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Customer Focus              Treating Customers Fairly –              Not a simple task!              Mr Stephen Rosling of...
Customer Focus                                                                         Top tips               So, what are...
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Article for Asia Insurance Review

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This article explains why some financial services companies are still not treating their customers fairly though not for want of trying. Stressing that customer satisfaction is not the same as treating the customers fairly,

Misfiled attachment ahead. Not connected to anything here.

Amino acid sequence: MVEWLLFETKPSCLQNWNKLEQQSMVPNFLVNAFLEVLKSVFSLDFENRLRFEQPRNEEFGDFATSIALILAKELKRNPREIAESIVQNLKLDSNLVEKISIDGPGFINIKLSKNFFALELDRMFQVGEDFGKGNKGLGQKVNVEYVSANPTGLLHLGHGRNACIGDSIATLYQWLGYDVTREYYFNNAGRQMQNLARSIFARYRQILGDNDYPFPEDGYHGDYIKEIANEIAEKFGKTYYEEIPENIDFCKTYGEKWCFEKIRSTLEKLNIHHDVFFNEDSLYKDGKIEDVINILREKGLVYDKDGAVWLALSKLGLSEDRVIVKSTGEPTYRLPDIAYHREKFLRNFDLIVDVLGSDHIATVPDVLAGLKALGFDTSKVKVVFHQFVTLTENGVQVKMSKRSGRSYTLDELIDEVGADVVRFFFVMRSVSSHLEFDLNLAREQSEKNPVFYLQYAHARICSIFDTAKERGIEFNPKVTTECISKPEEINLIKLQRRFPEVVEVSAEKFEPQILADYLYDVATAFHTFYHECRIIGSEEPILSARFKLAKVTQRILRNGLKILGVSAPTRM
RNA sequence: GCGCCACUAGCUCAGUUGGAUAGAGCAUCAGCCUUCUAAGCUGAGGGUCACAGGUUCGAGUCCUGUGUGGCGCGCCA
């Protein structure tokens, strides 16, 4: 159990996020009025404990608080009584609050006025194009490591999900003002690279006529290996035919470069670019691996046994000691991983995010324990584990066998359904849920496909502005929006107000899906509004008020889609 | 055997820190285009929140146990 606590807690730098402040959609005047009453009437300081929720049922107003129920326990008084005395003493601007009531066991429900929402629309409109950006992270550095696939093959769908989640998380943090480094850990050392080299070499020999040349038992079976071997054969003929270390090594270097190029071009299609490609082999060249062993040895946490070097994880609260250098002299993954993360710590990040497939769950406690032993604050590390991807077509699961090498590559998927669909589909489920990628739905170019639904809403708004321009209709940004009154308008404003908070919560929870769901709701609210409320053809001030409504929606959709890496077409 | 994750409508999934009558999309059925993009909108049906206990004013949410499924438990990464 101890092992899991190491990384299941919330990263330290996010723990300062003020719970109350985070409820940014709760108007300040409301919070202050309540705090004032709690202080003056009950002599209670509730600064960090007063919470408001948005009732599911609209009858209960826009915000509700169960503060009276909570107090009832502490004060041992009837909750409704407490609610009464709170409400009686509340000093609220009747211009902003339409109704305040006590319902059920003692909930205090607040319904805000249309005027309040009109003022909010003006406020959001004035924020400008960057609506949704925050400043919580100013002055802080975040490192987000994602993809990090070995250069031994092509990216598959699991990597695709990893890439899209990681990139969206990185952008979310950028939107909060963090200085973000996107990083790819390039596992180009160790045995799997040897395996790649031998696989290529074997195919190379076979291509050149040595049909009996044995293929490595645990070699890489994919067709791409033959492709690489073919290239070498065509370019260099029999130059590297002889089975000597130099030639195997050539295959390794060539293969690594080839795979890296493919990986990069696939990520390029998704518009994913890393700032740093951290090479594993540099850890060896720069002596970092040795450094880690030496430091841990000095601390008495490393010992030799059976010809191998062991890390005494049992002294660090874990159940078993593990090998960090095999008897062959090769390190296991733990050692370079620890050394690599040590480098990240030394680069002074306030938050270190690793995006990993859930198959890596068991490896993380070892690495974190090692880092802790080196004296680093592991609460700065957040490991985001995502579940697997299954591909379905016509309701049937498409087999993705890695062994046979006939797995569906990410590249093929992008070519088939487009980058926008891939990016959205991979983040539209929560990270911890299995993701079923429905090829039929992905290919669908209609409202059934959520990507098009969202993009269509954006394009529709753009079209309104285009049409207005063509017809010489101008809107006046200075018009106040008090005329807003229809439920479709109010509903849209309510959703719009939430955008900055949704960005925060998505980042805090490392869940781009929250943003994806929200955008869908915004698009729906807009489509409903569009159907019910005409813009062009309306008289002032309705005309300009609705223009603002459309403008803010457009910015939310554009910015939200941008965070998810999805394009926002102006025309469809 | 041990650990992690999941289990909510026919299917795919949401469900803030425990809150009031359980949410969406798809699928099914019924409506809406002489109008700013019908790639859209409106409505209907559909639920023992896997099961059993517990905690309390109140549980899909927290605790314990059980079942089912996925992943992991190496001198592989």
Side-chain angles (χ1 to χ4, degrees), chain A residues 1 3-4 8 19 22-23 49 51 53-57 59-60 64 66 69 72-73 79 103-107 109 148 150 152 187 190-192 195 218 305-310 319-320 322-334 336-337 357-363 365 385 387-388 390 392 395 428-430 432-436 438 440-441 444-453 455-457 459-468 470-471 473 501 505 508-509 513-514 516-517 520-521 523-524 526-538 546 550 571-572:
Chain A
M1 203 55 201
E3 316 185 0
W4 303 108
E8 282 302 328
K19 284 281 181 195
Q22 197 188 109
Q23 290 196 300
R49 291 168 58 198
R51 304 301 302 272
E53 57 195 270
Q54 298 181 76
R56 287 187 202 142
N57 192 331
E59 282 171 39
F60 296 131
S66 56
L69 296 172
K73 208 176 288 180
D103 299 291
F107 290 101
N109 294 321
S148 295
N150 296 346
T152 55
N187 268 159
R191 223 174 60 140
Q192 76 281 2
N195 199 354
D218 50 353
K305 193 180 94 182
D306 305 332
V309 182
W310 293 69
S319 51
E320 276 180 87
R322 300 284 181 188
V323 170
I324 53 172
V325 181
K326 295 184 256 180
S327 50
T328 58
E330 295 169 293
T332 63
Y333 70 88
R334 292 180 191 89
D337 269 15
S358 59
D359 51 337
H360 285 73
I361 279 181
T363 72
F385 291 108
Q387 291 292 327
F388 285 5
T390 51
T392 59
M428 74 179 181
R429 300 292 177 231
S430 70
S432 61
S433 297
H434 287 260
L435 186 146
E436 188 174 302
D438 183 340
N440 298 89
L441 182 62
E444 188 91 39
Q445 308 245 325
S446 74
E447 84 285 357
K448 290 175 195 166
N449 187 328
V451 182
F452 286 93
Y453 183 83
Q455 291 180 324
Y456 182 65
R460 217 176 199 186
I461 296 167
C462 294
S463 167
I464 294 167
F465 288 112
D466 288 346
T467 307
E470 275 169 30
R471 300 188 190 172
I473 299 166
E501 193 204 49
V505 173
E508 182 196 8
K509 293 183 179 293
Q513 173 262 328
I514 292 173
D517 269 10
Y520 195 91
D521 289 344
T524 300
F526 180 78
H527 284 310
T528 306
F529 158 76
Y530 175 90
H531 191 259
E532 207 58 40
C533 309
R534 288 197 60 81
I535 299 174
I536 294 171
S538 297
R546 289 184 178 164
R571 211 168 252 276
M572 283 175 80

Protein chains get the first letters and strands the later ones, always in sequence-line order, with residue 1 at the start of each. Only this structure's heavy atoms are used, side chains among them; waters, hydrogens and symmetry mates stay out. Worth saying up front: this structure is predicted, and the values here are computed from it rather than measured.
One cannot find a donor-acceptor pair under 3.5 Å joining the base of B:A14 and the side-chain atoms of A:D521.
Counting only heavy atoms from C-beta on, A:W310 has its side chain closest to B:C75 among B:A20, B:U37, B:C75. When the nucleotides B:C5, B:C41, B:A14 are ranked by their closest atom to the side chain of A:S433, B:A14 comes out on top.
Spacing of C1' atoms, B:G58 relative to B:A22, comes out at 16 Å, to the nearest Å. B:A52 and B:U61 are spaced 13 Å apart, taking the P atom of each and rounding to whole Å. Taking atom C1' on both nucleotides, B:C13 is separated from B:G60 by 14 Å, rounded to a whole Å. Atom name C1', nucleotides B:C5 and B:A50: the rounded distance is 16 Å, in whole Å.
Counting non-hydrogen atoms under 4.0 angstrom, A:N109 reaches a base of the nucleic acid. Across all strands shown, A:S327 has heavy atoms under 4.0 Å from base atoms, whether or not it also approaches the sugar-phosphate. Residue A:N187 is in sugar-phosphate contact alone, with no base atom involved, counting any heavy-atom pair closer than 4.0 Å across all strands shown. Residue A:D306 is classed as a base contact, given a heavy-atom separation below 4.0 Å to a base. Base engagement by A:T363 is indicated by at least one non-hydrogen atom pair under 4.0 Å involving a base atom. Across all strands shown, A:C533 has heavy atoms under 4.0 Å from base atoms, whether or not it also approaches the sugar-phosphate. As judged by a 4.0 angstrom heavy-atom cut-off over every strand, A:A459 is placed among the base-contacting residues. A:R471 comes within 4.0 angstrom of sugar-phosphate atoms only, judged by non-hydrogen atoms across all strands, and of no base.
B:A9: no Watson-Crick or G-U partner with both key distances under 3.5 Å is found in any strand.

the author uses the UK scenario to elaborate what was done there, what needs to be corrected and what are the best practice tips firms can employ.

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Article for Asia Insurance Review